Molecular Signatures of Tuberculosis-Diabetes Interaction: Metabolomics Study

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Type 2 diabetes mellitus (DM) is an acquired host factor that increases the risk for and severity of pulmonary tuberculosis (PTB). A report published in 2007 estimated that, in India, DM accounted for 14.8% (range 7.1% to 23.8%) of PTB and 20.2% (8.3% to 41.9%) of smear-positive PTB. Emerging data from India suggest that the spectrum of host metabolic disorders adversely effecting TB defense may include dyslipidemia and dysglycemia below the diagnostic cutoff for DM classification. The global burden of TB attributable to the full spectrum of host metabolic disorders may therefore be substantially greater than current estimates. The ~3 fold greater individual TB risk with DM is one tenth the risk impact of HIV but there are ~10 times more people living with DM than with HIV making the population-attributable risk similar for these two conditions. DM prevalence is rising at the fastest rate in countries with high TB burden including India. New knowledge is urgently needed to identify modifiable factors influencing TB risk and disease outcomes in people living with DM, and to inform the rational development of strategies to address this significant barrier to global TB control.

An understanding of the mechanistic basis for TB susceptibility in DM is emerging from animal models but there are major gaps in validation and translation to the DM-TB interaction in humans. Susceptibility of diabetic mice is attributable to impaired sentinel function of alveolar macrophages (9). The delayed innate immune response to infection leads to delayed adaptive T cell priming that is required to control Mycobacterium tuberculosis (MTB) replication. Once underway, the cell-mediated immunity in diabetic mice controls MTB replication but with a greater burden of immune pathology than occurs in nondiabetic mice with TB. Large, multi-site, systems biology investigations are needed to conclusively determine whether unique and generalizable metabolomic TB-DM signatures exist. Understanding the human TB-DM interaction at this mechanistic level will inform the rational of management strategies and drugs aimed at preventing and treating TB disease in this vulnerable population. In addition to differences in lipidomic or metabolomics profiles at baseline (TB diagnosis), it is likely that comorbid DM hampers the resolution of inflammation and sterilization of TB lesions in response to anti-TB treatment (ATT). Characterizing longitudinal “omic” profiles could reveal signature characteristics that may be used to identify patients most likely to benefit from extended ATT or host-directed therapies to accelerate microbiological cure, minimize the exacerbation of vascular and renal complications of DM, and limit pulmonary impairment after TB.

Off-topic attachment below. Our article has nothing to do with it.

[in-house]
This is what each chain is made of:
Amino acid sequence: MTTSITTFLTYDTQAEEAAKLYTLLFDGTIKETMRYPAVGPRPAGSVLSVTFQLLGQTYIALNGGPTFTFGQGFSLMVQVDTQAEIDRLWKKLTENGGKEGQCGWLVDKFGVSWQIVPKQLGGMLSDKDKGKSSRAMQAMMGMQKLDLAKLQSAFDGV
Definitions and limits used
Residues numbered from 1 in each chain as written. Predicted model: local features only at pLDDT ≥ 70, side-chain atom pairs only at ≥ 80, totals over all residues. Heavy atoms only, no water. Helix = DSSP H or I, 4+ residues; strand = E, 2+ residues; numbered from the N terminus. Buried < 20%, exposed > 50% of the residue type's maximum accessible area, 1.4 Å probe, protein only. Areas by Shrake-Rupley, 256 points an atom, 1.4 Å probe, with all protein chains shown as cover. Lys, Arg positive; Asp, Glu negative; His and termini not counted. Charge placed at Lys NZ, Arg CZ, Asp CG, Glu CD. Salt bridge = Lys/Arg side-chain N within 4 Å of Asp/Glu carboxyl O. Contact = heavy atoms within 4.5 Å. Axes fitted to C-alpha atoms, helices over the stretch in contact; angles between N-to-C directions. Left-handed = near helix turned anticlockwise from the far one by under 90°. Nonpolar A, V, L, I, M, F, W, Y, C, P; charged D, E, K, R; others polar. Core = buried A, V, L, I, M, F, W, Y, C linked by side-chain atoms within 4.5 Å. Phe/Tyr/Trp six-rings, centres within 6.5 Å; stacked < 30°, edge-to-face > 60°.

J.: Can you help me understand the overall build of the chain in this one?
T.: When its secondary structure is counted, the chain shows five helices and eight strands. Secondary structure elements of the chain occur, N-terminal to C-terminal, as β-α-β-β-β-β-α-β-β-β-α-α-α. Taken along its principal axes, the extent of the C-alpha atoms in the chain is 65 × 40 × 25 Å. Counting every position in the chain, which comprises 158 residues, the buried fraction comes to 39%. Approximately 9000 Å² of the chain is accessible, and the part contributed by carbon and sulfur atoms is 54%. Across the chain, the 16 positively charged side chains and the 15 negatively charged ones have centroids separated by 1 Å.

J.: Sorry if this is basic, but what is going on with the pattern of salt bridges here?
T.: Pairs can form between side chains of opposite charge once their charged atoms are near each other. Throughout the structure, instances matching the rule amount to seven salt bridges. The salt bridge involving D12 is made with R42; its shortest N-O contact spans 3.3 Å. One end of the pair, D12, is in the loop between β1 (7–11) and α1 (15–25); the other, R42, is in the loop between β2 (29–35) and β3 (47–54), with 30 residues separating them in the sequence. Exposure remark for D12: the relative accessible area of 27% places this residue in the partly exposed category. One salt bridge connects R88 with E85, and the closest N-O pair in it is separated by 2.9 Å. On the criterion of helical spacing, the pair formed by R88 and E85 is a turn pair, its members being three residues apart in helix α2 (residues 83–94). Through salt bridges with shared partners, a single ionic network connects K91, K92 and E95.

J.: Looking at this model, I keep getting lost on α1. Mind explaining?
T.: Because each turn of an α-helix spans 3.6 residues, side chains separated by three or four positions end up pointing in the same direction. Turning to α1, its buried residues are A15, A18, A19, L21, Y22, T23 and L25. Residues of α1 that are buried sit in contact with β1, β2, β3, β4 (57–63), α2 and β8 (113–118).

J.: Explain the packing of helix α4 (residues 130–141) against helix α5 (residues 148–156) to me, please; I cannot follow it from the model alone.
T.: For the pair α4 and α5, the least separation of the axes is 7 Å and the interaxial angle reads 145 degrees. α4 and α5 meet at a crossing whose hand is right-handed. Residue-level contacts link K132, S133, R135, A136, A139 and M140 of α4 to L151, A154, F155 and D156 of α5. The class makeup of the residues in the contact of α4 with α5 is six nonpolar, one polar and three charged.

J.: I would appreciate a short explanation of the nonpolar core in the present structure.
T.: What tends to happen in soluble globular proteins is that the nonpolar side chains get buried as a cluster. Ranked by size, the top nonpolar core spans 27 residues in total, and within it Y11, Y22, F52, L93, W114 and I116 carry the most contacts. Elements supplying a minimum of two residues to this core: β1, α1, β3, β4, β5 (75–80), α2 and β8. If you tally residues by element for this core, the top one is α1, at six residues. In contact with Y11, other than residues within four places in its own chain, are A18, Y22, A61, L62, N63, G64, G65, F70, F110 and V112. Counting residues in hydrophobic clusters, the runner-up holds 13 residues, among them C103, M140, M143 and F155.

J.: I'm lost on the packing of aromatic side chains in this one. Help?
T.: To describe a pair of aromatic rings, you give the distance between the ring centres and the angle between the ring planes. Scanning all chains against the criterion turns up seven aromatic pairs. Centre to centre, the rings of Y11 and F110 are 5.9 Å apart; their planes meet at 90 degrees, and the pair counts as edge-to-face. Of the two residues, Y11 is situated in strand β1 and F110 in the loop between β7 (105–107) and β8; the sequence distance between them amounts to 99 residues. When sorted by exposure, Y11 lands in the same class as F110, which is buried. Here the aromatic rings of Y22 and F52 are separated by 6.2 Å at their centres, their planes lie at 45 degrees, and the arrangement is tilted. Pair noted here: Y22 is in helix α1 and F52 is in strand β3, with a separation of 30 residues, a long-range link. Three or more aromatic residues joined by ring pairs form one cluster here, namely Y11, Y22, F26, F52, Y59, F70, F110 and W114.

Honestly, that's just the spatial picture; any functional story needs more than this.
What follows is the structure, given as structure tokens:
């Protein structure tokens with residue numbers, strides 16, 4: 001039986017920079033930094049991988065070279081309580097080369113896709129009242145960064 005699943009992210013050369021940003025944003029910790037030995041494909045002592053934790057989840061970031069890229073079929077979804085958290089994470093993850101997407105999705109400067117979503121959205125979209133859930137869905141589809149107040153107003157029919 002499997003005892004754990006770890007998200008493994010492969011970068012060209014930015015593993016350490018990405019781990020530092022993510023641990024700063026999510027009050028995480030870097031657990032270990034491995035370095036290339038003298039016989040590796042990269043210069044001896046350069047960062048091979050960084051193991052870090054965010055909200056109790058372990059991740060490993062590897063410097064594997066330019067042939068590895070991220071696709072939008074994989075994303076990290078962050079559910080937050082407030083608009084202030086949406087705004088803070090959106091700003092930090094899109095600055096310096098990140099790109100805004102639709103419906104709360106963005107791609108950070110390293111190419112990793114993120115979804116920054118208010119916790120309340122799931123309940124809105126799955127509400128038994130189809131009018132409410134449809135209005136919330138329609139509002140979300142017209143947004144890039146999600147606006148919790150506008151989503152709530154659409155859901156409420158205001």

A refined understanding of the systems immunology of the TB-DM interaction using test and validation sets can only be achieved by coordinated analysis of clinical data and samples from large cohorts at multiple sites. Population and site-specific differences in host and microbial factors are certain to influence the TB-DM interaction in ways that may be mechanistically informative and that may reveal a need for interventions tailored to geographic and/or individual patient characteristics. The dual TB-DM burden is already acute in India. The CTRIUMPH study associated with RePORT India is well positioned to develop a multi-site project investigating the TB-DM interaction.

The overall objective of this study is to identify metabolomic signatures unique to PTB patients with DM and to characterize its change in response to ATT. In doing so, we hope to generate strong preliminary data for a programmatic grant application seeking funding for a comprehensive systems biology investigation of the TB-DM interaction in India.

Specific Aims 

  1. Compare baseline metabolomic signatures between newly diagnosed drug-sensitive PTB patients with and without DM.
  2. Characterize and compare longitudinal change in metabolomic signatures in response to ATT between newly diagnosed drug-sensitive PTB patients with and without DM.

University of Massachusetts Medical School, Worcester, MA

Instituto Brasileiro para a Investigacao da Tuberculose, Salvador, Brazil